Monkeys, Leopard Cats, and Bears, Oh My!

Wild Guizhou snub-nosed monkeys "caught" by the camera trap.

“Follow, observe, and record,” was the first directive I learned starting out as a field primatologist. For years I did exactly that: all day long in Madagascar, from the moment the lemurs awoke before sunrise till they retired at the end of the day after sunset. And I took great pride in my ability to habituate these primates, follow them up and down mountain slopes through dense vegetation, and observe and record their behavior with just a pair of binoculars, a notebook, and a pen.

An Asiatic bear cub follows its mother.

This simple standard methodology, though it can be successfully applied to studying many primate species, is not well suited for snub-nosed monkey research in China. Why? Free-ranging Chinese snub-nosed monkeys are notoriously difficult to follow because they live in groups containing hundreds of individuals and are not tolerant of human observers. Also, unlike most primate species that inhabit tropical environments, these monkeys range into the temperate zone in areas where snowfall occurs four to five months of the year. In other words, collecting behavioral data on free-ranging Chinese snub-nosed monkeys through direct observation was a tremendous challenge for researchers, until recently.

Tibetan macaques

Last year my colleagues at Fanjingshan nature reserve and I began using camera traps in our research of the Guizhou snub-nosed monkey (see post Saving Monkeys Takes a Team). And as you can tell by the title of this post, the captured images included not only the Guizhou snub-nosed monkey but also another rare macaque species, the Tibetan macaque, as well as leopard cats, bears, and other elusive mammals, indicating the reserve still harbors a rich community of wildlife! We are in the process of sorting through thousands of camera-trap images, but I’ve included some exciting examples here.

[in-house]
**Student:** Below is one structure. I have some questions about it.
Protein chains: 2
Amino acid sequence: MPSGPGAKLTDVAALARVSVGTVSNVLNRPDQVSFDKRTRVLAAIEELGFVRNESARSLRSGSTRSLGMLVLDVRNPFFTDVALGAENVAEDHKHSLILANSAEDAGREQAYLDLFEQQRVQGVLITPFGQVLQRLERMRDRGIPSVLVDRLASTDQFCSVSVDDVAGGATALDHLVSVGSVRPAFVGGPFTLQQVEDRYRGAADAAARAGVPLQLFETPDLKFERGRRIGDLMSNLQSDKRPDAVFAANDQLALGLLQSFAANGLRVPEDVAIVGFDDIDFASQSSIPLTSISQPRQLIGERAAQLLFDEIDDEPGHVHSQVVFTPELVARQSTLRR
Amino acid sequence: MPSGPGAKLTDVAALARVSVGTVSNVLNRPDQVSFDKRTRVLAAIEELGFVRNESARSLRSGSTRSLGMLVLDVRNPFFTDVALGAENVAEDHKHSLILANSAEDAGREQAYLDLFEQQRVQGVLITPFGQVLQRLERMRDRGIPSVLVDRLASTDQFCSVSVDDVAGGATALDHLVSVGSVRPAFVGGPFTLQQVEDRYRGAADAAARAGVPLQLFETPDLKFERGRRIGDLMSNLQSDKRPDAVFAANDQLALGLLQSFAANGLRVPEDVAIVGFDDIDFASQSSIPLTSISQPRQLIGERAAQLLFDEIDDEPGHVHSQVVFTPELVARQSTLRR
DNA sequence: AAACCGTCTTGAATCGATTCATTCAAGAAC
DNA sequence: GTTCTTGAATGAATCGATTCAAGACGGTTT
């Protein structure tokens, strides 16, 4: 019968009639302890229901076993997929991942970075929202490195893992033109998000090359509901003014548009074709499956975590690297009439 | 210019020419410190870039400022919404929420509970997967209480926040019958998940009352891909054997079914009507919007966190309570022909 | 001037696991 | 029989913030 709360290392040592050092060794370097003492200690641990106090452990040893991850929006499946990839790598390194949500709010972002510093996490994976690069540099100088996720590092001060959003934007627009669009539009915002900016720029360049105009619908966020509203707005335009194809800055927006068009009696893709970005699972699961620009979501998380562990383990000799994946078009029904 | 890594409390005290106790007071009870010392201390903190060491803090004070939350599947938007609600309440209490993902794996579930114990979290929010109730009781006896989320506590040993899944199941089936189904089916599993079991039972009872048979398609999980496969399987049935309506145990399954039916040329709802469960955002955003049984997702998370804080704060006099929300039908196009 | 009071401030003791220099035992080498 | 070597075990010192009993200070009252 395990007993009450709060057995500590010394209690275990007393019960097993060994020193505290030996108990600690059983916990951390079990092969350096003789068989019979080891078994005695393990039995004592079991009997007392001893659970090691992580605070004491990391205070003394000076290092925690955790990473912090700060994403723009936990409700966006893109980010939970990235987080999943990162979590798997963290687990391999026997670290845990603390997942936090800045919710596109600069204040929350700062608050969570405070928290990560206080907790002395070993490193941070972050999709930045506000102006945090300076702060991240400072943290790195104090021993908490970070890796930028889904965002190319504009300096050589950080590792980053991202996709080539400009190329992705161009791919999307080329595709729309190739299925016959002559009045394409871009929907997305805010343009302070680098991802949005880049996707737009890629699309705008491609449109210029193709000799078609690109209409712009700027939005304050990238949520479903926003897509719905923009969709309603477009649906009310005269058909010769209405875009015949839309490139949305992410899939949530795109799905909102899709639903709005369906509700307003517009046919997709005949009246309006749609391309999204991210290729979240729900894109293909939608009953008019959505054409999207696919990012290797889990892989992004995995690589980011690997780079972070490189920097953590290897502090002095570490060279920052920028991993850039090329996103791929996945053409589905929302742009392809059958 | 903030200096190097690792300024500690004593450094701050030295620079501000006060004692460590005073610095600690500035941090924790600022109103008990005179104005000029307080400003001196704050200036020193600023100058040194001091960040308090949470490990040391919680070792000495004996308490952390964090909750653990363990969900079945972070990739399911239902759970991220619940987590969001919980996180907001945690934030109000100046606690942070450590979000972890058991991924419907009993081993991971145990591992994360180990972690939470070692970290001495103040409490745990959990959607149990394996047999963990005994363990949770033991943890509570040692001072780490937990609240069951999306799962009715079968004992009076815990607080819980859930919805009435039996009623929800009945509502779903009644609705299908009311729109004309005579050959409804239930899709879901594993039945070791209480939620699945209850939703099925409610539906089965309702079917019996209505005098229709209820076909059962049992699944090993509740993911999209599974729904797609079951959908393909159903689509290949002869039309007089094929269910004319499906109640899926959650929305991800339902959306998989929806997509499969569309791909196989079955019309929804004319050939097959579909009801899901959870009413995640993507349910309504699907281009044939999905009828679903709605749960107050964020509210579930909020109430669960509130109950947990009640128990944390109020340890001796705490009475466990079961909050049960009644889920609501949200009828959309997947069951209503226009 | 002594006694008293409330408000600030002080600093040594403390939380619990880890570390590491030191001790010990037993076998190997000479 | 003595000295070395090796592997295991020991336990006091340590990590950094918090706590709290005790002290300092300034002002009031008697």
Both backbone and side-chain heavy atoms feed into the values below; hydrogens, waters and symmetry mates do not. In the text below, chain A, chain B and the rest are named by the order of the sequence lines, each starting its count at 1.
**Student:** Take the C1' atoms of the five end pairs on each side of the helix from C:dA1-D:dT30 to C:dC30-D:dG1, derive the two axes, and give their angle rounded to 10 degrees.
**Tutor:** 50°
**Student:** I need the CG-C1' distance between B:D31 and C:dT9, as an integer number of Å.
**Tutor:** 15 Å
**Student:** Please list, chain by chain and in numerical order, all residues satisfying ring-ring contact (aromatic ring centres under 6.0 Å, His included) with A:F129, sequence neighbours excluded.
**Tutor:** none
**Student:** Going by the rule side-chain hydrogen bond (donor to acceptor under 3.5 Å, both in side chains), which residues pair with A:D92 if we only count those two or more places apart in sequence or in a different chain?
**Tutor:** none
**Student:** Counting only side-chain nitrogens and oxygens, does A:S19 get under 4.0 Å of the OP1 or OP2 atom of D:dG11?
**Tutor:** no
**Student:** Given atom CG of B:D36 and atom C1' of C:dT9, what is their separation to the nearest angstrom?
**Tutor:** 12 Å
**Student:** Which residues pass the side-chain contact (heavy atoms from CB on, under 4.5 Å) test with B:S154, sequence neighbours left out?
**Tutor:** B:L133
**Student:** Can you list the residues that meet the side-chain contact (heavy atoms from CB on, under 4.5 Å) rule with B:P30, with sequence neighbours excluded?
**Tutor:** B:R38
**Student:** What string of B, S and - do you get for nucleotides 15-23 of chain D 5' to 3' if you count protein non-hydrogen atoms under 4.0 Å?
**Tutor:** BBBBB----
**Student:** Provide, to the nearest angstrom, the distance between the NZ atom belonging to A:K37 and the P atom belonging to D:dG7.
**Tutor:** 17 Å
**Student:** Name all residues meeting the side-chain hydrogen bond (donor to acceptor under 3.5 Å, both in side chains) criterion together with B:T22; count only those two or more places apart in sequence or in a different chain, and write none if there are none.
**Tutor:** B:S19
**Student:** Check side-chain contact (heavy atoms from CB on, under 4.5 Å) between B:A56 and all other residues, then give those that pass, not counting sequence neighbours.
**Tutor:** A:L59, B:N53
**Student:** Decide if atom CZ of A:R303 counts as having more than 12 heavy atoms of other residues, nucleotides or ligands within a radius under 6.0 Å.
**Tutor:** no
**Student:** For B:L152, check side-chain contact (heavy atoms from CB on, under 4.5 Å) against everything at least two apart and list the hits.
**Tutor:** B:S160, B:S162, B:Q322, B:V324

Leopard cat

Indeed, “A picture is worth a thousand words,” and these images convey much information about the behavior of wild animals. However, we need to be mindful that camera traps are tools for collecting supplemental data; they cannot be used to replace researchers. It is important for researchers to spend quality time with their study animals in the field to obtain data firsthand that provide the contextual information necessary for the observed behaviors. All those years of running after lemurs and monkeys in the forest, therefore, was not done in vain. Through direct observation, I have gained an understanding about primates in situ.

This understanding has helped me interpret the camera-trap images and infer the motivations of the monkeys’ behaviors in a biologically meaningful way. I must admit I was not a huge fan of camera-trap technology initially, but I am thoroughly impressed with the images captured so far. I give it a “thumbs-up!”

Chia Tan, Ph.D., is a scientist with the San Diego Zoo Institute for Conservation Research.

10 Responses to Monkeys, Leopard Cats, and Bears, Oh My!